“We have agreed to deepen our relations,” Recep Tayyip Erdoğan said during a news conference with his Russian counterpart, Vladimir Putin at the presidential residence in the Black Sea coastal city of Sochi, following a meeting between the two leaders.
“Of course, we do not find this level satisfactory. Both sides agree that our countries and people should be closer and have stronger cooperation in every area,” he added.
He said he had visited Russia three times this year and met Putin for the sixth time, adding that “intense” diplomacy continues.
He reiterated Turkey’s desire to increase bilateral trade to $100 billion, but added to achieve this aim, “all restrictions [against Turkey], including the visa ban on businessmen,” must be lifted.
“At this point it is important to restore the visa exemption regime,” Erdoğan said.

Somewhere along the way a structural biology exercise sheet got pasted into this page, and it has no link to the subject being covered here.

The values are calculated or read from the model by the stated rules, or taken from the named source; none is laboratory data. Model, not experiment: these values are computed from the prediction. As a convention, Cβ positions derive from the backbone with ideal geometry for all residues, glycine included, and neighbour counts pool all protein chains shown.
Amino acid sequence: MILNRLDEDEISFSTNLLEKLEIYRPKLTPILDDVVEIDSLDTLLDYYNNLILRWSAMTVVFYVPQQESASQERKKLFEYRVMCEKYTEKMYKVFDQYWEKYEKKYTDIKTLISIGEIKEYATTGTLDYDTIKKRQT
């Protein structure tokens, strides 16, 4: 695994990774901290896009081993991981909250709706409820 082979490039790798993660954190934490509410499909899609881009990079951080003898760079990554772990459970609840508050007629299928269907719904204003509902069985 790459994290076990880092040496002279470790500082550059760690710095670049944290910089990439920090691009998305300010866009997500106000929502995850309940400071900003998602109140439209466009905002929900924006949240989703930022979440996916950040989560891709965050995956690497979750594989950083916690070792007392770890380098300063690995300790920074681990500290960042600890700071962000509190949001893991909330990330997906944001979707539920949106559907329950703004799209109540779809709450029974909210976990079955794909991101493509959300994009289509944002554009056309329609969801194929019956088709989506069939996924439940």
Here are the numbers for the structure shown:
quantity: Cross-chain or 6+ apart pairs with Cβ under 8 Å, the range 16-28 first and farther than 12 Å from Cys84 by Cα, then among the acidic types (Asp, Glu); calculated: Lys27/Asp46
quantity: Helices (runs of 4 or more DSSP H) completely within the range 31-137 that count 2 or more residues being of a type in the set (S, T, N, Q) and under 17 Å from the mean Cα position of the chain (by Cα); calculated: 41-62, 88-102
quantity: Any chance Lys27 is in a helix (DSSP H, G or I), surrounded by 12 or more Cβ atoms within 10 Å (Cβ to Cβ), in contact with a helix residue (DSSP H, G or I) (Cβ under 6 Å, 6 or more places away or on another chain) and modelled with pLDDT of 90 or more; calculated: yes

Erdoğan said consultations between the countries for lifting all trade obstacles are continuing.
After Turkey shot down a Russian military jet over an airspace violation in November 2015, Moscow took several measures against Ankara, including banning the imports of Turkish agricultural products and ending visa-free travel for Turks.
In June, Moscow lifted the ban on some agricultural produce as well as Turkish firms involved in construction, engineering, and tourism.
Erdoğan said he places “high” importance on joint defense industry efforts with Russia.
“The increase in the trade volume between our countries also indicates this,” he added.
Putin said the trade volume rose 36 percent in the first nine months of this year. “We believe that we can totally compensate for the drop last year by the end of this year,” he added.
He said they discussed “in detail” lifting the remaining restrictions on Turkey.
The leaders discussed bilateral relations and regional and international developments, particularly Syria, they said.
“We have especially found an opportunity to evaluate the latest developments in the Syrian dispute,” Erdoğan said.
Turkey and Russia, together with Iran, are the guarantor countries who brokered a December cease-fire in Syria, which led to the Astana, Kazakhstan talks, being held in parallel to U.N.-backed discussions in Geneva to find a political solution to the six-year conflict.